Sunday, November 25, 2007

Oracle bone script (Chinese: 甲骨文; pinyin: jiǎgǔwén; literally "shell bone writing") refers to incised (or, rarely, brush-written) ancient Chinese characters found on oracle bones, which are animal bones or turtle shells used in divination in ancient China. The vast majority of the such bones are ox scapulae and tortoise plastrons which record the pyromantic divinations of the royal house of the late Shang dynasty, primarily at the capital of Yin (modern Anyang, Henan Province), and date from around 1200-1050 B.C., while a very few date to the beginning of the subsequent Zhou dynasty. The late Shang oracle bone writings, along with a few contemporary characters in cast bronzes, constitute the earliest significant corpus of Chinese writing, but contrary to popular belief are not the earliest Chinese characters. Some have proposed that oracle bone script is linked with Jiahu Script.

Replica of ancient Chinese script on an oracle turtle shell
Oracle script from a divining
Oracle script script inquiry about rain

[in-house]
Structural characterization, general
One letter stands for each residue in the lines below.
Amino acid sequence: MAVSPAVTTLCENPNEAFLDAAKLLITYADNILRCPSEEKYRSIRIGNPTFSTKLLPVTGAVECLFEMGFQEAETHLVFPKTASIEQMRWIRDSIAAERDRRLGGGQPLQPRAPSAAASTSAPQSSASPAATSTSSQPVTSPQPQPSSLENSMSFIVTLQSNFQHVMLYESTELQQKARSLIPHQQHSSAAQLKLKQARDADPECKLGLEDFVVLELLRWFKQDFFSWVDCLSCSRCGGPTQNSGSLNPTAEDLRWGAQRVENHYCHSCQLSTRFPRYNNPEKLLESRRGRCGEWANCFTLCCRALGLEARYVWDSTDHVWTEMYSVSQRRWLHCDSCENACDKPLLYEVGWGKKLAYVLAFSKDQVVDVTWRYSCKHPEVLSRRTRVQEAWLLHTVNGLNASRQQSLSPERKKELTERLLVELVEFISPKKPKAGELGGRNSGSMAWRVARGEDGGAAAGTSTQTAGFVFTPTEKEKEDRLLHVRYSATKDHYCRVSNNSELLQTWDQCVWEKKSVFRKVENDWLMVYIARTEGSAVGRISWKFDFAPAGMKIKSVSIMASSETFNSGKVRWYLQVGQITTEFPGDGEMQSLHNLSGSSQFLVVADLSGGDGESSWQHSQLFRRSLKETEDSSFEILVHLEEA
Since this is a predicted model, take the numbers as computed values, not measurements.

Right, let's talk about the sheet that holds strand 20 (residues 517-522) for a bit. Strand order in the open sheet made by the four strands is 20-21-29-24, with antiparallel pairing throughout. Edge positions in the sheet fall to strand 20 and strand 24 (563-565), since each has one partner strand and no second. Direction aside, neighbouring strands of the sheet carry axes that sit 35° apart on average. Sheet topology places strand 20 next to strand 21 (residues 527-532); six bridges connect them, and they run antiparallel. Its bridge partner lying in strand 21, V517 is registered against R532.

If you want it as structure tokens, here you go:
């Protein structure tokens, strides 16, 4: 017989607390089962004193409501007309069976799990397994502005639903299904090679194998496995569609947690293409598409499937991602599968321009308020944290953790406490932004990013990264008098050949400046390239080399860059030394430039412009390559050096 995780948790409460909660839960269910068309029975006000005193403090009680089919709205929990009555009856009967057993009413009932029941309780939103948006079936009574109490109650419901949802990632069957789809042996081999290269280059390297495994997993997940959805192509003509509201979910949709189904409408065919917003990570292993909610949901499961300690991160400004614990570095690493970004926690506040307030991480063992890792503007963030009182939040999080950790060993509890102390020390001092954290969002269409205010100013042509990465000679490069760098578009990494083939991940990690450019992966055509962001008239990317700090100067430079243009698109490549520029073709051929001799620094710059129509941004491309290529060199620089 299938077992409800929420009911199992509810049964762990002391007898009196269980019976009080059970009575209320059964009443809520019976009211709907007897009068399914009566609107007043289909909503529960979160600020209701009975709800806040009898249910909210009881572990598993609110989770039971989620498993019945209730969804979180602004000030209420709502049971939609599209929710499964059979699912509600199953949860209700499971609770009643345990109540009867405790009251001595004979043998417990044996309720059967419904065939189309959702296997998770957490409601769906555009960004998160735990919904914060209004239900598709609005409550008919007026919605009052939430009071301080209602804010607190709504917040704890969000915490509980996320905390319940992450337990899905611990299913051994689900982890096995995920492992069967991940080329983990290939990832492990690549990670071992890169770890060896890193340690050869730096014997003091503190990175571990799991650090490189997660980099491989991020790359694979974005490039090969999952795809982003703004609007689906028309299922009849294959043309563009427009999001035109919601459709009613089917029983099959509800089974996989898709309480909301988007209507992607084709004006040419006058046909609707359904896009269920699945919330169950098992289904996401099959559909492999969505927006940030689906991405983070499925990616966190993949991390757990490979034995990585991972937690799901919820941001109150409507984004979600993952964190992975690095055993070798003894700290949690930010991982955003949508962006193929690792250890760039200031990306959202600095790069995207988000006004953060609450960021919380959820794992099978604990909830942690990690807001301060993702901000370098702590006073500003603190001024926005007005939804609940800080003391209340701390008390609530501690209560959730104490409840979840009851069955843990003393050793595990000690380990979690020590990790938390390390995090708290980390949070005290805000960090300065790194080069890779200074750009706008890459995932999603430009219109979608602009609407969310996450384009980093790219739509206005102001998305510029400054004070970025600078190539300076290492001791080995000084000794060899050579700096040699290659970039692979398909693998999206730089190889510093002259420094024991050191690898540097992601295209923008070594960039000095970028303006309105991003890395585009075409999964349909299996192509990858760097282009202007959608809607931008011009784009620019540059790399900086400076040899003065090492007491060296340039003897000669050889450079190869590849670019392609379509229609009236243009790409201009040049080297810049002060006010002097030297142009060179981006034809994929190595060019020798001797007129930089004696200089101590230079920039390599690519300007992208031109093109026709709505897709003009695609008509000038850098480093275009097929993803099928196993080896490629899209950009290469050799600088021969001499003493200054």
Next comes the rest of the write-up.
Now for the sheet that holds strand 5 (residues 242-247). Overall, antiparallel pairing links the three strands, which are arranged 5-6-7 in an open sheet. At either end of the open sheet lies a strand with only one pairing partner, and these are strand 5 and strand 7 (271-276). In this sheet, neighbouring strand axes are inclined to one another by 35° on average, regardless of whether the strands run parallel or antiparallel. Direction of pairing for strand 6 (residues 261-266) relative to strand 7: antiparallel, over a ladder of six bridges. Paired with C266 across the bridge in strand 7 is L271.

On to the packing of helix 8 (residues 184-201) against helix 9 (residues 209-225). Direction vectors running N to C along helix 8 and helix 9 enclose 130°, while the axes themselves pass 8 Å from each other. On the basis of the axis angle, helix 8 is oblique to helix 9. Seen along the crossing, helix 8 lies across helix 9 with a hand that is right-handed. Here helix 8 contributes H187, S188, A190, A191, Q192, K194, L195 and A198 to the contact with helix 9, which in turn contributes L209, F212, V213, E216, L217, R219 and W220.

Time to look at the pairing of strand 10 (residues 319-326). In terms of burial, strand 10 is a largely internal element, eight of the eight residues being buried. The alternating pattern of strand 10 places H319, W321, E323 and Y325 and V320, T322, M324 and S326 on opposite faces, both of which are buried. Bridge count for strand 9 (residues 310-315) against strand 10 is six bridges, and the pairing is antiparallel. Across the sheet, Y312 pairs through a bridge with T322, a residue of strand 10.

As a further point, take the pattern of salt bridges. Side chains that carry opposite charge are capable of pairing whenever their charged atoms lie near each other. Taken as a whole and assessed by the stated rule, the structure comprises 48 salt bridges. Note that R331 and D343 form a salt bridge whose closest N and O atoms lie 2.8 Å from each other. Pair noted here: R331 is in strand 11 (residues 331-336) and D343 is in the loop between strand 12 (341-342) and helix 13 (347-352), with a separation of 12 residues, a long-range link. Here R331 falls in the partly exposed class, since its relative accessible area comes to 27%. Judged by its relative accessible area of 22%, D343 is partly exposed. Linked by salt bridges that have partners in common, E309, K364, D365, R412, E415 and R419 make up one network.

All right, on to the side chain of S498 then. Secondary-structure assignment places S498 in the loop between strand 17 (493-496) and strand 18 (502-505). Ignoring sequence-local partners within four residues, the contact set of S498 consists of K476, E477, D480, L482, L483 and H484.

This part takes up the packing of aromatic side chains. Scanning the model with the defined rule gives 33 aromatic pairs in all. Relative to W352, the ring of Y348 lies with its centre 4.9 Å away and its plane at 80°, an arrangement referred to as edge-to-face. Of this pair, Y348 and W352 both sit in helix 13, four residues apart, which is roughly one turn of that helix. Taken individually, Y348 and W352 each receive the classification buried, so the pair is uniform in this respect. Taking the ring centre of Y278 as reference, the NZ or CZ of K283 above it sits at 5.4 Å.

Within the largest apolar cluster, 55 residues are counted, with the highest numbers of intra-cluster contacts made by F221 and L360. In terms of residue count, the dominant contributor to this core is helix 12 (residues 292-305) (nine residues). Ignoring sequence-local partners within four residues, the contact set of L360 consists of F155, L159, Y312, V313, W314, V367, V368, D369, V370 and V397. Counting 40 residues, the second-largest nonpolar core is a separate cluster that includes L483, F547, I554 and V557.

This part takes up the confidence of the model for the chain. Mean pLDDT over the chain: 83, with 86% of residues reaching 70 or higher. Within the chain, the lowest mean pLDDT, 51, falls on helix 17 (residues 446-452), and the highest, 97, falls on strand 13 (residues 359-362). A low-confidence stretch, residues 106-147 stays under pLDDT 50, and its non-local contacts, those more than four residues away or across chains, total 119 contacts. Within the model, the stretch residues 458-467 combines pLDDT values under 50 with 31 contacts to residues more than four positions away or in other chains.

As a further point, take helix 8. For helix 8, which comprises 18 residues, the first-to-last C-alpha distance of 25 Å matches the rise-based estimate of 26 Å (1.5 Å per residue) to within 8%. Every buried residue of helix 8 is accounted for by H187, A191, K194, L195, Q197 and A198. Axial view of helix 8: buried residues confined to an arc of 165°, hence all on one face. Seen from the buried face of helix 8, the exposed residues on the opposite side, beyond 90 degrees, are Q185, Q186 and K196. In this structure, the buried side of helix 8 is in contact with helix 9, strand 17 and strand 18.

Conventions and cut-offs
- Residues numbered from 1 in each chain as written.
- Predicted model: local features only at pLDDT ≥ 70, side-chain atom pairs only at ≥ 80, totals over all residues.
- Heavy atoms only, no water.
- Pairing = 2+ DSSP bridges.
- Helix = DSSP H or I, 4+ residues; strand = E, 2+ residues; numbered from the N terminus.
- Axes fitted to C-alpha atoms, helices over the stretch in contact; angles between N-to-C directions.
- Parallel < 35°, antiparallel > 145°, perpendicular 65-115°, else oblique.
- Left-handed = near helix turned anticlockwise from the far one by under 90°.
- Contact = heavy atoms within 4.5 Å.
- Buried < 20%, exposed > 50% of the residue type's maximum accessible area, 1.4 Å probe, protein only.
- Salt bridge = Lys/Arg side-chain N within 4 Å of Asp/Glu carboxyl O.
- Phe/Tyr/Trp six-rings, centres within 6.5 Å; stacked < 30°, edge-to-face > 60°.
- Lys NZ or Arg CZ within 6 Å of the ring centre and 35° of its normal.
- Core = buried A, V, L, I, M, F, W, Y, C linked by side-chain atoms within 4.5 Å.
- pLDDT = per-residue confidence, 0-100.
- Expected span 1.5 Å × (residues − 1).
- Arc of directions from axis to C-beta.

Oracle bone script Oracle script script inquiry about rain (annotated)
Oracle script for Spring
Oracle script for Autumn
Oracle script for Winter

Oracle bone script Notes

Keightley, David N. (1978). Sources of Shang History: The Oracle-Bone Inscriptions of Bronze Age China. University of California Press, Berkeley. Large format hardcover, ISBN 0520029690 (out of print); A 1985 ppbk 2nd edition also printed, ISBN 0-520-05455-5.
Keightley, David N. (2000). The Ancestral Landscape: Time, Space, and Community in Late Shang China (ca. 1200 – 1045 B.C.). China Research Monograph 53, Institute of East Asian Studies, University of California – Berkeley. ISBN 1-55729-070-9, ppbk.
Qiu Xigui (裘錫圭) Chinese Writing (2000). Translation of 文字學概要 by Gilbert L. Mattos and Jerry Norman. Early China Special Monograph Series No. 4. Berkeley: The Society for the Study of Early China and the Institute of East Asian Studies, University of California, Berkeley. ISBN 1-55729-071-7.
Woon, Wee Lee (雲惟利) (1987). Chinese Writing: Its Origin and Evolution (漢字的原始和演變), originally published by the University of East Asia, Macau (no ISBN).

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